Brady Heslip hit six 3-pointers and had 24 points for Baylor (24-10), which has already won three games in three days, and has now won 10 of its last 11 to climb from a precarious position on the NCAA tournament bubble to a firm – and rapidly improving – spot in the field.
Austin had 10 points and seven blocks for Baylor, giving him 17 swats for the tournament. That breaks the record of 11, held by Missouri's Arthur Johnson from the 2003 event.
The win over the third-seeded Longhorns (23-10) was also the 202nd for Baylor coach Scott Drew, moving him past Bill Henderson and into first place on the school's career list.
Isaiah Taylor led Texas with 16 points and seven assists. Jonathan Holmes was held to just six points on 3-for-12 shooting while dealing with foul trouble much of the night.
Baylor is the lowest-seeded team to reach the title game since 2009, when the Bears made it as the ninth seed. They lost to Missouri that year, just as they did two years ago.
The Tigers are no longer part of the conference, of course, off to the SEC. And instead, the Bears will take on the Cyclones, who beat No. 10 Kansas 94-83 earlier in the night. Baylor and Iowa State split their two regular-season meetings, each winning at home.
Jefferson was hot right from the start, scoring Baylor's first nine points and helping the Bears creep to an early lead. He kept going to work inside, even against the Longhorns' big front line, and the lead eventually grew to 29-18 with about 5 minutes left in the half.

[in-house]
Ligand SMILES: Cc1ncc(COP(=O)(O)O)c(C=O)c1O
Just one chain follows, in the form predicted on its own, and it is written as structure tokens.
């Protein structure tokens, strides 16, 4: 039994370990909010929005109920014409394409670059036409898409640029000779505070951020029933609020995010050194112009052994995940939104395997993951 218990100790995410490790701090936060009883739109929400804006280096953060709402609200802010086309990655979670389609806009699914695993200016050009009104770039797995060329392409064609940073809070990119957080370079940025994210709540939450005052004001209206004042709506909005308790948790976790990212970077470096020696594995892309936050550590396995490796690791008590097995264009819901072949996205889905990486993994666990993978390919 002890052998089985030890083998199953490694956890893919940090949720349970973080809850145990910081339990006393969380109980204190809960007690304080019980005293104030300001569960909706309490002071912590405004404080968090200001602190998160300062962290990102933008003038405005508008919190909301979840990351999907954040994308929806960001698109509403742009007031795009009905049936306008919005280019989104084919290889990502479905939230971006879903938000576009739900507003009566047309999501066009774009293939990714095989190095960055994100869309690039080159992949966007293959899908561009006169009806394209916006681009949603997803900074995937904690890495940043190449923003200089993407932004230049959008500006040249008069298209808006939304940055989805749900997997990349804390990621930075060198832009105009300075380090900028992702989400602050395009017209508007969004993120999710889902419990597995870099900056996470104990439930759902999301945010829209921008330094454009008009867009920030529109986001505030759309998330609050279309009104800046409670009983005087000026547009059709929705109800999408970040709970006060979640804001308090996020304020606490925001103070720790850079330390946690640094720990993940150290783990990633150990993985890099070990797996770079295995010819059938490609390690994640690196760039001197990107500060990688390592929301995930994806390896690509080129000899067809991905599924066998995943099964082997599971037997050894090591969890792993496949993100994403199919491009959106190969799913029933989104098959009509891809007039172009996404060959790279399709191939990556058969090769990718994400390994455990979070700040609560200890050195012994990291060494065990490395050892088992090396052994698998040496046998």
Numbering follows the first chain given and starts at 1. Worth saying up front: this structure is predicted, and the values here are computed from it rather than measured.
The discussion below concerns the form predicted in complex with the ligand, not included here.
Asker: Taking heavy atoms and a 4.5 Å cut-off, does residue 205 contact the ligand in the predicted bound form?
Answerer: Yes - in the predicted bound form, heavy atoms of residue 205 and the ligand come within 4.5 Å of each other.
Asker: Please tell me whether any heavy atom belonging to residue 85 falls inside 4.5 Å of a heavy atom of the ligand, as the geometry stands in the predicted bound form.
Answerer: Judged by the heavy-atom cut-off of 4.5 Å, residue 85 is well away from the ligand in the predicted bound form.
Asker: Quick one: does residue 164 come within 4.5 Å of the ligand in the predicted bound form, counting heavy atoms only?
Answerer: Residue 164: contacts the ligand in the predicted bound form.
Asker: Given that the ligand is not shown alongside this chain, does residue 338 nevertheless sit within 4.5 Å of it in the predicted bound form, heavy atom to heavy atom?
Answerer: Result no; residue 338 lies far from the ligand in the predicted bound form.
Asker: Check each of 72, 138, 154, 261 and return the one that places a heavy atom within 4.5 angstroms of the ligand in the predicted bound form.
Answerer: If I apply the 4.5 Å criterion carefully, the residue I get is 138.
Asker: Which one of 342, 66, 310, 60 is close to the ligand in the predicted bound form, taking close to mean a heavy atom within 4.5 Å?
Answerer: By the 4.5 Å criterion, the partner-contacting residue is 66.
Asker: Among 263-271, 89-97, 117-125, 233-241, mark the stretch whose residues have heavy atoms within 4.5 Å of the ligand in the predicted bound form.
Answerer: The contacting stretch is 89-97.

Every time Texas tried to trim into it down the stretch, Baylor countered with a bucket, and Kenny Cherry's 3-pointer in the closing seconds made it 42-27 at the break.
In fact, the only thing that didn't go right for Baylor in the first half happened when Gary Franklin chose not to try padding the lead with a court-length heave as time expired. Drew yelled at him, "What are you doing!?" Then he gave his guard a good-natured pat on the butt.
The matchup between old Southwest Conference rivals never got a whole lot more interesting in the second half. Austin kept swatting shots, Jefferson kept scoring around the rim and the Bears kept taking advantage of sloppy Texas off to build on their lead.
Franklin's 3-pointer pushed the lead to 59-39 with 11:20 remaining, prompting Texas coach Rick Barnes to call a timeout. But it didn't do a whole lot of good – even when the Longhorns defended well for 34 seconds, somebody would hit a shot with one tick left on the clock.
Texas finally slapped on a full-court press in the closing minutes, getting within 79-67 with a couple minutes left, but the Bears sealed the win at the foul line.